Northern train timetable changes were 'massive failure'
The introduction of new train timetables that caused chaos last summer was "a massive failure" of the rail industry, a report has said.
Northern introduced new timetables on 20 May 2018, leading to widespread disruption.
A review led by Rail Minister Andrew Jones and Leeds council leader Judith Blake found it "led to severe hardship" for commuters across the north.
Transport for the North said there would be "a 're-set' of our railways".
The review said: "Cancellations, delays, overcrowding and late-running caused significant disruption to the lives of passengers, and trust in the railways' ability to provide reliable services was severely affected."
It said the north's rail infrastructure also suffered from "short formed trains, reliability issues and bottlenecks" and needed "significant reforms", despite improvements being made to services in recent months.
"Whilst the December 2018 and May 2019 timetable changes were introduced without further significant disruption, there is still work to do to fully restore passenger confidence in the North's railway system," the report stated.
It went on to say that passengers had "lost their trust in the system" and described the May 2018 timetable changes as a "debacle".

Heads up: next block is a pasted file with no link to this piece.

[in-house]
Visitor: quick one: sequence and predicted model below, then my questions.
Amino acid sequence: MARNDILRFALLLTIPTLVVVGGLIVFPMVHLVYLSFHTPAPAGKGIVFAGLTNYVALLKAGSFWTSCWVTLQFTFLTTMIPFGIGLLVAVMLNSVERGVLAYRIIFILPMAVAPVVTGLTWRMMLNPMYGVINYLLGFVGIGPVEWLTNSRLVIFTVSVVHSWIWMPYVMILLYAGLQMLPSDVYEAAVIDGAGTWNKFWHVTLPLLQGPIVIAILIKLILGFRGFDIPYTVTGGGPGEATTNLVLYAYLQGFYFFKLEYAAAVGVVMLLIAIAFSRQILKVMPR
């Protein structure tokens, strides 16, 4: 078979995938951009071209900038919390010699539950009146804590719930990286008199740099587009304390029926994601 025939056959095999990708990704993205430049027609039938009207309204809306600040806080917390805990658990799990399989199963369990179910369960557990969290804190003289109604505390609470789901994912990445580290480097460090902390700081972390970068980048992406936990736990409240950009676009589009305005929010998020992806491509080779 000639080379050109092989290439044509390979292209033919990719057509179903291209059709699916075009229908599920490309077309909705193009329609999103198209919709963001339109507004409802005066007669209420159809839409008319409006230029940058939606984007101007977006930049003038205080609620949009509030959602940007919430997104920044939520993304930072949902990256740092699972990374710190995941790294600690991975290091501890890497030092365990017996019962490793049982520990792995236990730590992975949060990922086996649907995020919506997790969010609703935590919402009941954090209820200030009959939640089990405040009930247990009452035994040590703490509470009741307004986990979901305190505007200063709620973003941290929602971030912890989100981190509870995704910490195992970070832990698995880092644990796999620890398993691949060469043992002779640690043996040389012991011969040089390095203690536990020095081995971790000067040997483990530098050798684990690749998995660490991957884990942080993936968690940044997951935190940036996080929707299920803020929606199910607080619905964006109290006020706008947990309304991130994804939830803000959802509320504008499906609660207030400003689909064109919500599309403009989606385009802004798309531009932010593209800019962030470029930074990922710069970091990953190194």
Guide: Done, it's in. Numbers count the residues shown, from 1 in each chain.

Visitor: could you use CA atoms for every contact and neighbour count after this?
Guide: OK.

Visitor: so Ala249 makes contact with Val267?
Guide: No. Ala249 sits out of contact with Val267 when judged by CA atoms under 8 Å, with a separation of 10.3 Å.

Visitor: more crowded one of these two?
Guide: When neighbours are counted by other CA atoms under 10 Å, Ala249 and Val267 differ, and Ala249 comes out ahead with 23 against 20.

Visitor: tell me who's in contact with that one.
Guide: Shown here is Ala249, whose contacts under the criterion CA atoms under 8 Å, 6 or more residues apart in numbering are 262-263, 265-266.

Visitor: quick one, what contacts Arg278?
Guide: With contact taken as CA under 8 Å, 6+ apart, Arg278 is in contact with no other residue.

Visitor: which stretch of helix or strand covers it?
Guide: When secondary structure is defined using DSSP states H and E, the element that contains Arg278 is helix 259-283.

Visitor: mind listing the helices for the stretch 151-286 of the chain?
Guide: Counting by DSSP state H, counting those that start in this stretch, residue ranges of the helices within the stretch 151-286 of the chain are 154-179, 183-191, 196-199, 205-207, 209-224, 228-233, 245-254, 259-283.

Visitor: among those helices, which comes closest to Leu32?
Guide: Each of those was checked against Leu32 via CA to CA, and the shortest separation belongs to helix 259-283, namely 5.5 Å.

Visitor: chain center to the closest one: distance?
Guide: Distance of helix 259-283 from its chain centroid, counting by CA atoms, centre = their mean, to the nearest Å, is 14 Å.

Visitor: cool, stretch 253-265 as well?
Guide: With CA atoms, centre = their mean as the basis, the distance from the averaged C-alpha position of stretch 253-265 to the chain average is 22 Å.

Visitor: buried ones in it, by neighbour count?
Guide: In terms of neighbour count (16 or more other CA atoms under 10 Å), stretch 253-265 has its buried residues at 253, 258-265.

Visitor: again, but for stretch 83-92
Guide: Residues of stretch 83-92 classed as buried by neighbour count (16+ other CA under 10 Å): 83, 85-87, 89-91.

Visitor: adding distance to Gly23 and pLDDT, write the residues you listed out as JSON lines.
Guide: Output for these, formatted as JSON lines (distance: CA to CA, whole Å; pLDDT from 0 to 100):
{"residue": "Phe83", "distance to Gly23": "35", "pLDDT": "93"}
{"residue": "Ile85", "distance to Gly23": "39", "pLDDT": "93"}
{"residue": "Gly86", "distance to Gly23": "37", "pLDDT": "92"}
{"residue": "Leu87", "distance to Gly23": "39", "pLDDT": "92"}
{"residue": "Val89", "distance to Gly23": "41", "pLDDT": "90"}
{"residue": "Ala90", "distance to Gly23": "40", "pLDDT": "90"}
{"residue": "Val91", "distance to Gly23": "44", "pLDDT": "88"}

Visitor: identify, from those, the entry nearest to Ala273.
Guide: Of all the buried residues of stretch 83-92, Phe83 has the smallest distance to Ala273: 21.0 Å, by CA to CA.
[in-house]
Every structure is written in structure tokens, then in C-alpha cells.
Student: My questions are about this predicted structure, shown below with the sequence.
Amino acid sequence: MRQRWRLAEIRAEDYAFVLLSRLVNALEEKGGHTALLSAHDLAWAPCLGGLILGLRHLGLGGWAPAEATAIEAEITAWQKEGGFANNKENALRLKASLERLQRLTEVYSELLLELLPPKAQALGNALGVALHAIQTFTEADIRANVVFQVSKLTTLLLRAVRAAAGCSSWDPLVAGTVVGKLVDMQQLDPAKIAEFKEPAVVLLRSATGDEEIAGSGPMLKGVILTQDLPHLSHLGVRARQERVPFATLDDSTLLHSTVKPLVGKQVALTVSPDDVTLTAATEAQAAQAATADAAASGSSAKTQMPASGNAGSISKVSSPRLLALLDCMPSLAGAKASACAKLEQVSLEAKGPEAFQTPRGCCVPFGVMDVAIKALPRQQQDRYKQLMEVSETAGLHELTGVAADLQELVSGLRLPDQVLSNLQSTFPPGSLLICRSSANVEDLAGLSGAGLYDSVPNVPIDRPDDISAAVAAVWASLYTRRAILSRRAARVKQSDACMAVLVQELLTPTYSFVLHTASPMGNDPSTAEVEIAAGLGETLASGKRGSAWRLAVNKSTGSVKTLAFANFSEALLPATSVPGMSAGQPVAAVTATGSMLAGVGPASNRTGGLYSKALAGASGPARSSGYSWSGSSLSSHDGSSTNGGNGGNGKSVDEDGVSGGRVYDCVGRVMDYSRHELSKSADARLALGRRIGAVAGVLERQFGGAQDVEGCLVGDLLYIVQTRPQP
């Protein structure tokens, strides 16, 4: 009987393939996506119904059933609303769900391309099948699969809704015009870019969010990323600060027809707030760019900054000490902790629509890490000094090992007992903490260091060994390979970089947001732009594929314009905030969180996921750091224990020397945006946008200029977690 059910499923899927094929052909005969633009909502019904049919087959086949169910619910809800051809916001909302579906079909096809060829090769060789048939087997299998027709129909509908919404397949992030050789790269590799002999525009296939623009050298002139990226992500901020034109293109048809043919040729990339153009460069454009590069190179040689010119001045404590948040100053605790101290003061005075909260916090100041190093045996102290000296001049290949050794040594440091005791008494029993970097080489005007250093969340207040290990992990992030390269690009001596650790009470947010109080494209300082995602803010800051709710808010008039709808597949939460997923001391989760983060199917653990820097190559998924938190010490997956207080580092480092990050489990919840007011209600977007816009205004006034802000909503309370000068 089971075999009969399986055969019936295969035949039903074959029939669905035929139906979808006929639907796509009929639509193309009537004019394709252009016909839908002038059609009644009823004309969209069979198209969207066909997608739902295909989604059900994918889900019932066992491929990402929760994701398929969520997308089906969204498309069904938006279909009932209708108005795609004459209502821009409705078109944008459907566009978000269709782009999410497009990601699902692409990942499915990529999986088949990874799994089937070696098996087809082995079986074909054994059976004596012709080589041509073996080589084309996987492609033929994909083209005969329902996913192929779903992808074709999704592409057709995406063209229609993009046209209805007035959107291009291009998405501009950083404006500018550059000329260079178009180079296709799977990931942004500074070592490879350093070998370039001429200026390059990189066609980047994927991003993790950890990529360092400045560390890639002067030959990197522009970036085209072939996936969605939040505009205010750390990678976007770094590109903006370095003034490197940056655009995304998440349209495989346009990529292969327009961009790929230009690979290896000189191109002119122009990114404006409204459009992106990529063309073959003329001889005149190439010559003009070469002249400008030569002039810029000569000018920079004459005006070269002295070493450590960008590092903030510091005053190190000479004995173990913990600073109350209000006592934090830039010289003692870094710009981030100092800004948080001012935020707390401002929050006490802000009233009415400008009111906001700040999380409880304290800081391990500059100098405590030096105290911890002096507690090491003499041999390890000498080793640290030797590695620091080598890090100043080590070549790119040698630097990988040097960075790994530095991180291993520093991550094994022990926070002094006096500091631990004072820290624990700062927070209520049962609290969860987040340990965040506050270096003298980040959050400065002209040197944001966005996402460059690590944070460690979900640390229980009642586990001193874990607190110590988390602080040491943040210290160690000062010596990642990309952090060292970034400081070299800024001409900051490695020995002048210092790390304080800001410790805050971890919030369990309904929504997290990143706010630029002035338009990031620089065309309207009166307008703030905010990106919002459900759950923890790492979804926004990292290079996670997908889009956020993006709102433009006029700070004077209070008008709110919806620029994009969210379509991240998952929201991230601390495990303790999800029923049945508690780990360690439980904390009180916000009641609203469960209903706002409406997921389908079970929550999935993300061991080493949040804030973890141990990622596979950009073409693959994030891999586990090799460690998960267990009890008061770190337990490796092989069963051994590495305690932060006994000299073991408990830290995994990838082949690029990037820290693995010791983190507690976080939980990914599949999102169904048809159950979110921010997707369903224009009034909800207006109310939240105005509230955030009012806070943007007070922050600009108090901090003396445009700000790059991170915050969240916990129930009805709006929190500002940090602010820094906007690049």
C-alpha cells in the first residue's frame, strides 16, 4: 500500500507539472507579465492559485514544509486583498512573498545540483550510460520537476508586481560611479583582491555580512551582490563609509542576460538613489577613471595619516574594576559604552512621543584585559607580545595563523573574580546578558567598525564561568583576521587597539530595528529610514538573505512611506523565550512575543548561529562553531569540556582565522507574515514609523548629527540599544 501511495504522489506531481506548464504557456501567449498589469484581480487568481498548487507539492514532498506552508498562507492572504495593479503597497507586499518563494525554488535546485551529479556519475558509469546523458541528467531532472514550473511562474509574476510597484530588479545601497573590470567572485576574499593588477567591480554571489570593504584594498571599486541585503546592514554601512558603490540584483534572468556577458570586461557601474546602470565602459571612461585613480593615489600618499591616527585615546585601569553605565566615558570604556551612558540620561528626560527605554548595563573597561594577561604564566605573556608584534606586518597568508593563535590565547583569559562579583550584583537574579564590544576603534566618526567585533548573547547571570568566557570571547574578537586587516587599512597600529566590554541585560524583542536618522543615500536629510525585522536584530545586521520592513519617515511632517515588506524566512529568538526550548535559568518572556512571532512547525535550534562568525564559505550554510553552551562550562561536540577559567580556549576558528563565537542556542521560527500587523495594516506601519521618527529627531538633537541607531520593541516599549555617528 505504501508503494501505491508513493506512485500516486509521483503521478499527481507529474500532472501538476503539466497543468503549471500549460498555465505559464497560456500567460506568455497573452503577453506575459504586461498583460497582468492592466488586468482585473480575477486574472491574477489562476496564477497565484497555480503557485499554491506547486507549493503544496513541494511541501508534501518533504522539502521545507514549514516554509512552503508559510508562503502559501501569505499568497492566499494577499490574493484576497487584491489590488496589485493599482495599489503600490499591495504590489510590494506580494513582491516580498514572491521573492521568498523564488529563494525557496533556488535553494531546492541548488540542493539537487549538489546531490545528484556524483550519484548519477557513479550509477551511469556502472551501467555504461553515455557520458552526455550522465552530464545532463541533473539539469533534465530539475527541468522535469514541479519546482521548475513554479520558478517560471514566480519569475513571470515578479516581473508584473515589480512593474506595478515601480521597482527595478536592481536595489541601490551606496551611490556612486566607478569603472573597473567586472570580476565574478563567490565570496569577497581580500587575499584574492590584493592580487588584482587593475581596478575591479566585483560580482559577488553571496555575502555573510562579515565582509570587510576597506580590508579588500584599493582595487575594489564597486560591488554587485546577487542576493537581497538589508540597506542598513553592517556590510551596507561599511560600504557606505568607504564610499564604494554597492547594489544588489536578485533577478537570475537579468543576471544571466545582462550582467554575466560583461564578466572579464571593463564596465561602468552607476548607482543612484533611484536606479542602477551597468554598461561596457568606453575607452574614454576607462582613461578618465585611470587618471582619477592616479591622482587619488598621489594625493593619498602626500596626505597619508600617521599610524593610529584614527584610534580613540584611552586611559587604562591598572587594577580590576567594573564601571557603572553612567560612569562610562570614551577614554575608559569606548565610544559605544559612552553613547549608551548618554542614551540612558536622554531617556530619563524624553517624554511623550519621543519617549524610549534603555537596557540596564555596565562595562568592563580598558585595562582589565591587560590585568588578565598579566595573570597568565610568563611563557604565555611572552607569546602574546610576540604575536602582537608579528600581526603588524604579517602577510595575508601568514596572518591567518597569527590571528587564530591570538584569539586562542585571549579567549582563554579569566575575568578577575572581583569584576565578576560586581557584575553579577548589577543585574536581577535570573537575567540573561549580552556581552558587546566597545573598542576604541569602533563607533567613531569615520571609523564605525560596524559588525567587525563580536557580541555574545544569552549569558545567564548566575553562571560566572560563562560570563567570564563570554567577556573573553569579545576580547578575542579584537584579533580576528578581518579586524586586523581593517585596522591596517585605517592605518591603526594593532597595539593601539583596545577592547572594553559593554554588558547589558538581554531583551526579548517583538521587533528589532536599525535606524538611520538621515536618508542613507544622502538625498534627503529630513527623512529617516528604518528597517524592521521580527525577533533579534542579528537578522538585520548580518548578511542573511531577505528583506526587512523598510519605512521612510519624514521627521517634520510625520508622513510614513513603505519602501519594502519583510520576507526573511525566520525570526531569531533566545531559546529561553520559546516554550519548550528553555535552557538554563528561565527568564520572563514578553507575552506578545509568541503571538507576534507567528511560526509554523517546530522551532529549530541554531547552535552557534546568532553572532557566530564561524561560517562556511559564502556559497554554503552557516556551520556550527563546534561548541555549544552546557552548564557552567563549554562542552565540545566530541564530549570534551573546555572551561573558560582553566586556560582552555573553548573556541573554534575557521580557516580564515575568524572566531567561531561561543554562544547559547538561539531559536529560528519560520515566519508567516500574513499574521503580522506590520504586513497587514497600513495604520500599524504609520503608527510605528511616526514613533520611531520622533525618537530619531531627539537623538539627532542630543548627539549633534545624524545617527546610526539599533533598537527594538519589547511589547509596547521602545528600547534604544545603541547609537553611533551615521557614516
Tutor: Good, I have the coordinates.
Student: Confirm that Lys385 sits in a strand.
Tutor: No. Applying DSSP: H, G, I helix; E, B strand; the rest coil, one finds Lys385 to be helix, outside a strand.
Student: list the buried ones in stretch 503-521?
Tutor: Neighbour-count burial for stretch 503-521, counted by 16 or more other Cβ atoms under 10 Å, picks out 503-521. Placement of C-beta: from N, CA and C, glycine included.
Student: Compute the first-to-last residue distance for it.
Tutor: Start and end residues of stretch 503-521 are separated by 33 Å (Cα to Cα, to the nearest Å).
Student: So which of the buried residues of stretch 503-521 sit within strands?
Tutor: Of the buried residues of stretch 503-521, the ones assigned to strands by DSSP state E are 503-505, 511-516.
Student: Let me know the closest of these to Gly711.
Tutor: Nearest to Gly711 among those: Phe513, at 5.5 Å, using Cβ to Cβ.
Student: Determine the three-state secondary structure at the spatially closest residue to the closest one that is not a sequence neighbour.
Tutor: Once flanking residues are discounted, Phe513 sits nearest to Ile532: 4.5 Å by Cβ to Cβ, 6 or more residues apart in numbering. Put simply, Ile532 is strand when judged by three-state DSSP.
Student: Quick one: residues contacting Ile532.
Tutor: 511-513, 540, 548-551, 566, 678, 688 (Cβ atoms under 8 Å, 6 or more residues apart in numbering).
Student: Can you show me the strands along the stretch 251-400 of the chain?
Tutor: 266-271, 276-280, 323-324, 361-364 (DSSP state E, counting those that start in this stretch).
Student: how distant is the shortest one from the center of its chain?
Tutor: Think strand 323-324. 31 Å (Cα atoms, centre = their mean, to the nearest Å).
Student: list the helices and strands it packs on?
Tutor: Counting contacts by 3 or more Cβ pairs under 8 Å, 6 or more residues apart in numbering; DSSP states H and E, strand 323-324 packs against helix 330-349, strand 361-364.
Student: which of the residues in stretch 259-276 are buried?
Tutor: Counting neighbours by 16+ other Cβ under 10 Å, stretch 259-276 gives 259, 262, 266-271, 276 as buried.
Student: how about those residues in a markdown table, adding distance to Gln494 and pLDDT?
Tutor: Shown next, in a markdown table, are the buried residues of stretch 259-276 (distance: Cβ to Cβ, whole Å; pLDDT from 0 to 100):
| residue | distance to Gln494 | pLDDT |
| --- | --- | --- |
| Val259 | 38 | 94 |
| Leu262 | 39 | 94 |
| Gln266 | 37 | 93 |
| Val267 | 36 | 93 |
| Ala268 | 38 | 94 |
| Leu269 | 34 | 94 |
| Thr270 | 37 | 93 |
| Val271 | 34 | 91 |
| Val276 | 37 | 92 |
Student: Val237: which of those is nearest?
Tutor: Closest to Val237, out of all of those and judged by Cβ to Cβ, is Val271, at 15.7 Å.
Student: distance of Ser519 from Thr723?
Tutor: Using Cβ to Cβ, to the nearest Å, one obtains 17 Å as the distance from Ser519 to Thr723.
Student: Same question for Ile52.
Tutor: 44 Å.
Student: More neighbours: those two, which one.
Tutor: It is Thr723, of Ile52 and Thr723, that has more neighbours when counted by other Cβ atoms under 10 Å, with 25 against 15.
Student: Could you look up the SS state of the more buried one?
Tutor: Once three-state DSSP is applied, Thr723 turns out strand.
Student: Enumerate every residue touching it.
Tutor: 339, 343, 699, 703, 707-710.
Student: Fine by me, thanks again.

"Basic rail services failed to operate; trains were often either late or cancelled - and when they did run they were often short form trains, half the length of those that passengers had come to depend on."
Recommendations were made for a new "Passenger Promise" putting customers "at the centre of decision-making across the industry" and improving accountability.
Chief executive of Transport for the North Barry White said Ms Blake and Mr Jones had put the needs of passengers "absolutely front and centre of their review" and had "bore the brunt of last year's chaos, which impacted on both lives and livelihoods".
He added the review would be "pivotal in achieving a 're-set' of our railways".